Custody, Access and Child Support: Findings from The National Longitudinal Survey of Children and Youth
II - THE COMPLEX FAMILY LIVES OF CANADIAN CHILDREN (continued)
The choice of parents to live together rather than marry has far-reaching consequences for the survival of the family unit. Figure 4 presents the cumulative percentage of Canadian children, born in two-parent families, who experienced parental separation according to the type of parental union. The analysis is based on the 1983-1984 cohorts which are made up of children who had reached the age of 10 by the time the NLSCY was conducted.
Four types of parental unions are distinguished:
- parents who married directly without living together beforehand;
- parents who lived together beforehand, but married before the children were born;
- parents who were living together at the birth of the children, but married afterwards; and
- parents who remained in a common-law union.
In the 1983-1984 cohorts, 60 percent of the children were born to parents who married without first cohabiting, and 24 percent to parents who married after cohabiting. Another 10 percent of children were born to cohabiting parents and for 3 percent of this group the parents married before the child's tenth birthday. Children born to a single parent (6 percent) are excluded from the analysis.
Figure 4: Cumulative Percentage of Canadian Children Born in a Two-Parent Family, Who Have Experienced Their Parents' Separation, According to Type of Parents' Union--1983-1984 Cohorts--NLSCY 1994-1995
As can be seen in Figure 4, parents who lived together before marrying were more likely to separate than parents who married without first living together, but less likely to separate than couples who remained in a common-law union. Indeed, as common-law unions have almost become the norm as a way of entering into conjugal life, studies have shown that couples who married after first cohabiting increasingly resemble couples who married directly.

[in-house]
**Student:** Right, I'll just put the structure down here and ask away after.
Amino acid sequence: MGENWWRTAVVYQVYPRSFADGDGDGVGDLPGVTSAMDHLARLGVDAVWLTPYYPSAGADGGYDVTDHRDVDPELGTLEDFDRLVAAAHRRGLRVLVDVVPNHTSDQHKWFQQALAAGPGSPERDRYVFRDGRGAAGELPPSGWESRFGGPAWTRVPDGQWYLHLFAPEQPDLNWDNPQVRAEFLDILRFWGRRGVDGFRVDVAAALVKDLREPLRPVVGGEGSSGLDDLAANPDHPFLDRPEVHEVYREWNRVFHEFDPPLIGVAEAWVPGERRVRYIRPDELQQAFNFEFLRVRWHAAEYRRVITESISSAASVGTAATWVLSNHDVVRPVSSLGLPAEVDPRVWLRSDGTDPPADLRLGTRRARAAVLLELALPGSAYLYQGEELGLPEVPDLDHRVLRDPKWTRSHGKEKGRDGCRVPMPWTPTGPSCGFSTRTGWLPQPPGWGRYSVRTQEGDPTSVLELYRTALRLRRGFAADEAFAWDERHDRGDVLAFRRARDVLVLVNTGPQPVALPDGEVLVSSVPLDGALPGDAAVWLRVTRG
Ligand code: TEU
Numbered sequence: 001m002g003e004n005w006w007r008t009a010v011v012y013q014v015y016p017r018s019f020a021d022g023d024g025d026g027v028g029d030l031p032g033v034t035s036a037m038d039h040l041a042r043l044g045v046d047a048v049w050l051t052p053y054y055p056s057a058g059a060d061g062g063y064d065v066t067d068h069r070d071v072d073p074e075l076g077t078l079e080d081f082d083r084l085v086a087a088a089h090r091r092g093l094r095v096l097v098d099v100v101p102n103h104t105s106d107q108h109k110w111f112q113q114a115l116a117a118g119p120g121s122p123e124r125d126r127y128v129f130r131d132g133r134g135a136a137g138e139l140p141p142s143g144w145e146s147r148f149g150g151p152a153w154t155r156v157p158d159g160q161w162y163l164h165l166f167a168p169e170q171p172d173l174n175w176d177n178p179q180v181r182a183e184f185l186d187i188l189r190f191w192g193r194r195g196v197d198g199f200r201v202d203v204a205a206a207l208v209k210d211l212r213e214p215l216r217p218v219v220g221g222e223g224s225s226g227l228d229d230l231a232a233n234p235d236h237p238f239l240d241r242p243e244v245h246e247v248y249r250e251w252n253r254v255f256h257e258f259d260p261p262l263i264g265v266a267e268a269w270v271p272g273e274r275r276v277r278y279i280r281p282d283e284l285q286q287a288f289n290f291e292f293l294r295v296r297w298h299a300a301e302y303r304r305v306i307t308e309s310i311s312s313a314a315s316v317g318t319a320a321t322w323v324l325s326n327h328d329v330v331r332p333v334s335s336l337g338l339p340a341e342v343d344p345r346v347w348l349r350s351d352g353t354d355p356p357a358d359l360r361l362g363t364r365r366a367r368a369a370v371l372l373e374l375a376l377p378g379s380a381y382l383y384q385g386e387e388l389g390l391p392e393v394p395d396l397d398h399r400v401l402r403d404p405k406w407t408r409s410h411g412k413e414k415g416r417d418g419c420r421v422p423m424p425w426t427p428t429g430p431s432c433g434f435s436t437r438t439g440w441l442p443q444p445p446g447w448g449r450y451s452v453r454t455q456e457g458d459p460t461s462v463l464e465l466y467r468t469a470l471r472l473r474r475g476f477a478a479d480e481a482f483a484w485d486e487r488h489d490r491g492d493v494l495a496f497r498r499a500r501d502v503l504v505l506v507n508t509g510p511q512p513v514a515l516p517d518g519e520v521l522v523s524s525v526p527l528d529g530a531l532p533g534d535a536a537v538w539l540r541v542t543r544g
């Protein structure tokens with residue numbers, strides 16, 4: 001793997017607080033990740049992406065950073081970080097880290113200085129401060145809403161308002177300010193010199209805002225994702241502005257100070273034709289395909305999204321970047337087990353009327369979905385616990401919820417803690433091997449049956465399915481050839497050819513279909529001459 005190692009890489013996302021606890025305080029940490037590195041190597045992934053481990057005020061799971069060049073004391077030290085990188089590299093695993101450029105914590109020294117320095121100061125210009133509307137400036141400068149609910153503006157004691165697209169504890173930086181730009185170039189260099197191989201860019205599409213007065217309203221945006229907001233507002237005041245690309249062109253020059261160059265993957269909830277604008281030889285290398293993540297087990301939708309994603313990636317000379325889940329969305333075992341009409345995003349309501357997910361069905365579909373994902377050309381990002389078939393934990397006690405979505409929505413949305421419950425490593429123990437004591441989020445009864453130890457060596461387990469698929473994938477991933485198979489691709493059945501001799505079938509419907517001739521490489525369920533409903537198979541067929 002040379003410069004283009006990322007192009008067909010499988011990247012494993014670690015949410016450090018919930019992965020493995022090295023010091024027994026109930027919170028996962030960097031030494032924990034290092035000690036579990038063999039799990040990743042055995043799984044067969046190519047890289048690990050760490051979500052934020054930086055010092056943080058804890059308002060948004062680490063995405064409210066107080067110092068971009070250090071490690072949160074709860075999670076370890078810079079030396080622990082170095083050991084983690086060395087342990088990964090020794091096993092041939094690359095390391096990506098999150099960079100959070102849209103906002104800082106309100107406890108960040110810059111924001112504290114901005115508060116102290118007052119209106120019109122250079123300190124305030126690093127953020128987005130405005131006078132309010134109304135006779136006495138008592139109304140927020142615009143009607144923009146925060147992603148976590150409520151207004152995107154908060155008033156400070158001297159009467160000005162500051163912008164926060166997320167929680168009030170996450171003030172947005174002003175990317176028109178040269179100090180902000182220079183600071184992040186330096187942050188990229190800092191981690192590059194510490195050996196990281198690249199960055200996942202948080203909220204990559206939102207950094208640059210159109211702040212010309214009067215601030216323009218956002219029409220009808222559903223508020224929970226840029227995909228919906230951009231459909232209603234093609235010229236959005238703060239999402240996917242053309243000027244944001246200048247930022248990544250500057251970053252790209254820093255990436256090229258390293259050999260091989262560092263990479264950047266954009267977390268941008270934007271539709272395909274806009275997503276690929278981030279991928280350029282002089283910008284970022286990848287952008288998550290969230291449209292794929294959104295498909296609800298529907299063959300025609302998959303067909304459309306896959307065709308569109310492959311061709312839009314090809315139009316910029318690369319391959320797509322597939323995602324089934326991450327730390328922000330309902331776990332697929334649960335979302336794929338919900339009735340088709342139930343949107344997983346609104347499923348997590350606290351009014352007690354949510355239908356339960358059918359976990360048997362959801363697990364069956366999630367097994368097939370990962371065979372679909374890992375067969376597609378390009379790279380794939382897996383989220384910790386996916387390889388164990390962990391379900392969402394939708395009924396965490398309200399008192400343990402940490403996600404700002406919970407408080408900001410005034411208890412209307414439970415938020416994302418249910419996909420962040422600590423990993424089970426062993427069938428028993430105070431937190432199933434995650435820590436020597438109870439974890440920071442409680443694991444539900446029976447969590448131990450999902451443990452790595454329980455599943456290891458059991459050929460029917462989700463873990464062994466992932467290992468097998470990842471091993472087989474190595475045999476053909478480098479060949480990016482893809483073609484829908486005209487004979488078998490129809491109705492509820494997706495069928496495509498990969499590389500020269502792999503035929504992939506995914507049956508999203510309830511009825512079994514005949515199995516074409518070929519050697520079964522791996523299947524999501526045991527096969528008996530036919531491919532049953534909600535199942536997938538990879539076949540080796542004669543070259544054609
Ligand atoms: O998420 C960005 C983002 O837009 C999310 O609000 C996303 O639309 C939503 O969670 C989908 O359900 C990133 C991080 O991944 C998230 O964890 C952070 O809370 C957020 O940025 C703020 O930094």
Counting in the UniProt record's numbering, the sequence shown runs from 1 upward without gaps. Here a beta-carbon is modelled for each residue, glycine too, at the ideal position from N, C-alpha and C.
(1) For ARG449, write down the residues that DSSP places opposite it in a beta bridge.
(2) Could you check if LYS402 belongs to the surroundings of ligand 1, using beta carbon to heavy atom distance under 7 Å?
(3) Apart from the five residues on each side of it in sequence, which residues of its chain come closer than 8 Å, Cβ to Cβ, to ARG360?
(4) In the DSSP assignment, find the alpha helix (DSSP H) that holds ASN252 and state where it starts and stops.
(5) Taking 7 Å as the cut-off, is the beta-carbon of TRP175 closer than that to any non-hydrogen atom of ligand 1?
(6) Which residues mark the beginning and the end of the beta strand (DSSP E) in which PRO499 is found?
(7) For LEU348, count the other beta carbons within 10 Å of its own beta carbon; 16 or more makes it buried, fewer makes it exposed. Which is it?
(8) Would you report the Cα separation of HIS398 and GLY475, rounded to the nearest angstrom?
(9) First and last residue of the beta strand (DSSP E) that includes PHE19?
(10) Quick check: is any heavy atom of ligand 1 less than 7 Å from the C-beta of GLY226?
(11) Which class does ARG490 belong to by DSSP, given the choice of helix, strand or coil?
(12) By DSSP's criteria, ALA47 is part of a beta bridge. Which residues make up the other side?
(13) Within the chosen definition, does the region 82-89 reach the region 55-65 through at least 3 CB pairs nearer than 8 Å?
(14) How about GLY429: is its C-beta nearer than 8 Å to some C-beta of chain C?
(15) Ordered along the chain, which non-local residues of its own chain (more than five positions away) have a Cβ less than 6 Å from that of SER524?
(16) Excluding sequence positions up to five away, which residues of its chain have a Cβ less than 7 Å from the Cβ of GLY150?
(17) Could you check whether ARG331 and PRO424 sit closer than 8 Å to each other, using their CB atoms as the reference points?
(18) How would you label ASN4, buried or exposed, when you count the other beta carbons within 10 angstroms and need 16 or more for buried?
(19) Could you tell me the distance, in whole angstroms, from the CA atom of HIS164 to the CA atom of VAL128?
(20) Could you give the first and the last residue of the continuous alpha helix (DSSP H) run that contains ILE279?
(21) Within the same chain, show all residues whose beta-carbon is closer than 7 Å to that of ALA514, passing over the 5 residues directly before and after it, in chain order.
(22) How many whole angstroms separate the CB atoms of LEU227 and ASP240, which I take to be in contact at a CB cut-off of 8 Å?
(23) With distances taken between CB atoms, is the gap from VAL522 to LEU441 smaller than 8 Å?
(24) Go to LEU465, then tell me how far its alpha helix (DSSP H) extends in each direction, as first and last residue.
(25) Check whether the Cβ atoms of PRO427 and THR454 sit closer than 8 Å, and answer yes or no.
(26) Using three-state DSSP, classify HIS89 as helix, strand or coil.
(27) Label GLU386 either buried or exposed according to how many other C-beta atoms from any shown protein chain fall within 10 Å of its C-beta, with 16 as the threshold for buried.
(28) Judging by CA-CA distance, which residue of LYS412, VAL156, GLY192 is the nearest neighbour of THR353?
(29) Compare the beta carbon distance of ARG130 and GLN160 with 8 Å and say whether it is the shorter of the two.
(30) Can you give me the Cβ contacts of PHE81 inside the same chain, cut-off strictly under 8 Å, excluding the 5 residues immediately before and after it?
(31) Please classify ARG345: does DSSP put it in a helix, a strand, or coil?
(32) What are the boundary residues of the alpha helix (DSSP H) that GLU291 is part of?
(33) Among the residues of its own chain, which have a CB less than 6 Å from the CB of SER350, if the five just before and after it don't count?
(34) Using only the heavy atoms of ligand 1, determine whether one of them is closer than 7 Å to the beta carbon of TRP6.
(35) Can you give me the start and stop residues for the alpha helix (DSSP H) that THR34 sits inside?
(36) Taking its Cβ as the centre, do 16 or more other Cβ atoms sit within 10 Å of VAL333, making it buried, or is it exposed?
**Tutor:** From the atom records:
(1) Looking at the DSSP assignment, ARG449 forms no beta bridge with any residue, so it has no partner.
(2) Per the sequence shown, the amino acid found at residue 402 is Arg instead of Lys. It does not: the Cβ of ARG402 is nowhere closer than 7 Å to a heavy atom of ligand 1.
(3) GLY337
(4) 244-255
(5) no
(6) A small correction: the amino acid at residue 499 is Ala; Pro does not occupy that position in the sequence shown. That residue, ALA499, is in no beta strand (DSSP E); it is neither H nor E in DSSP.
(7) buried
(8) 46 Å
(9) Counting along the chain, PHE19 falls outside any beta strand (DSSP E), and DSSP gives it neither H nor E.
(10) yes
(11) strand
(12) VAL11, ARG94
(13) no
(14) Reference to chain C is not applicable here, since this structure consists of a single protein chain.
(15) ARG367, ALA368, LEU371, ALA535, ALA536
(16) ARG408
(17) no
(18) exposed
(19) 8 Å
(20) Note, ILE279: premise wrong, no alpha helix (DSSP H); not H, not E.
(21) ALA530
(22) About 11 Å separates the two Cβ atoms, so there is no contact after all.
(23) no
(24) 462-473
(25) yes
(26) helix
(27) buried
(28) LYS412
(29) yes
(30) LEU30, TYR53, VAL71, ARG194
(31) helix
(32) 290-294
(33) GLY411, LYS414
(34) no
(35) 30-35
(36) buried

The highest risk of separation is in families involving common-law couples: by the time children born in 1983-1984 reached the age of ten, 63 percent of them had experienced the separation of their parents, compared to only 14 percent of children born to parents who married without first living together.
Does this pattern hold all across the country, or is it different in Quebec where common-law unions are sometimes viewed as a retreat from the formality of marriage, though the couples are as committed as couples who marry?
Figure 5 illustrates the cumulative percentage of children who experienced the separation of their parents before the age of six, according to the type of parental union, in Quebec and Ontario. This figure confirms that common-law unions are indeed more stable, or perhaps we should say less unstable, in Quebec than in Ontario; only 37 percent of children born to cohabiting parents between 1983 and 1988 in Quebec experienced parental separation before the age of six, as compared to 61 percent in Ontario. Nonetheless, common-law unions are less stable than marriages. Moreover, although common-law unions are less unstable in Quebec than in the rest of Canada, the fact that more children are born and raised into these unions in Quebec (20 percent in Quebec versus 5 percent in Ontario for the 1983-1988 cohorts) clearly outweighs the benefits of their greater relative stability in Quebec.
Figure 5: Cumulative Percentage of Children Born in a Two-Parent Family, Who Have Experienced Their Parents' Separation Before Age 6, According to Type of Parents' Union--1983-1988 Cohorts--NLSCY 1994-1995
Figure 5 presents the experience of children born during the 1980s. What will happen to children born to common-law couples in the 1990s, when cohabitation is more widespread as a way of entering family life? Will these unions remain as unstable as they were in the 1980s? This remains to be seen, but the answer is significant given that over 40 percent of all children born in Quebec in 1993-1994 were born into common-law unions.
Having set the stage with a brief description of the changing family situations of children in Canada, let us now turn to the questions of custody, access to the non-custodial parent and child support payments for the growing number of children whose parents have separated.
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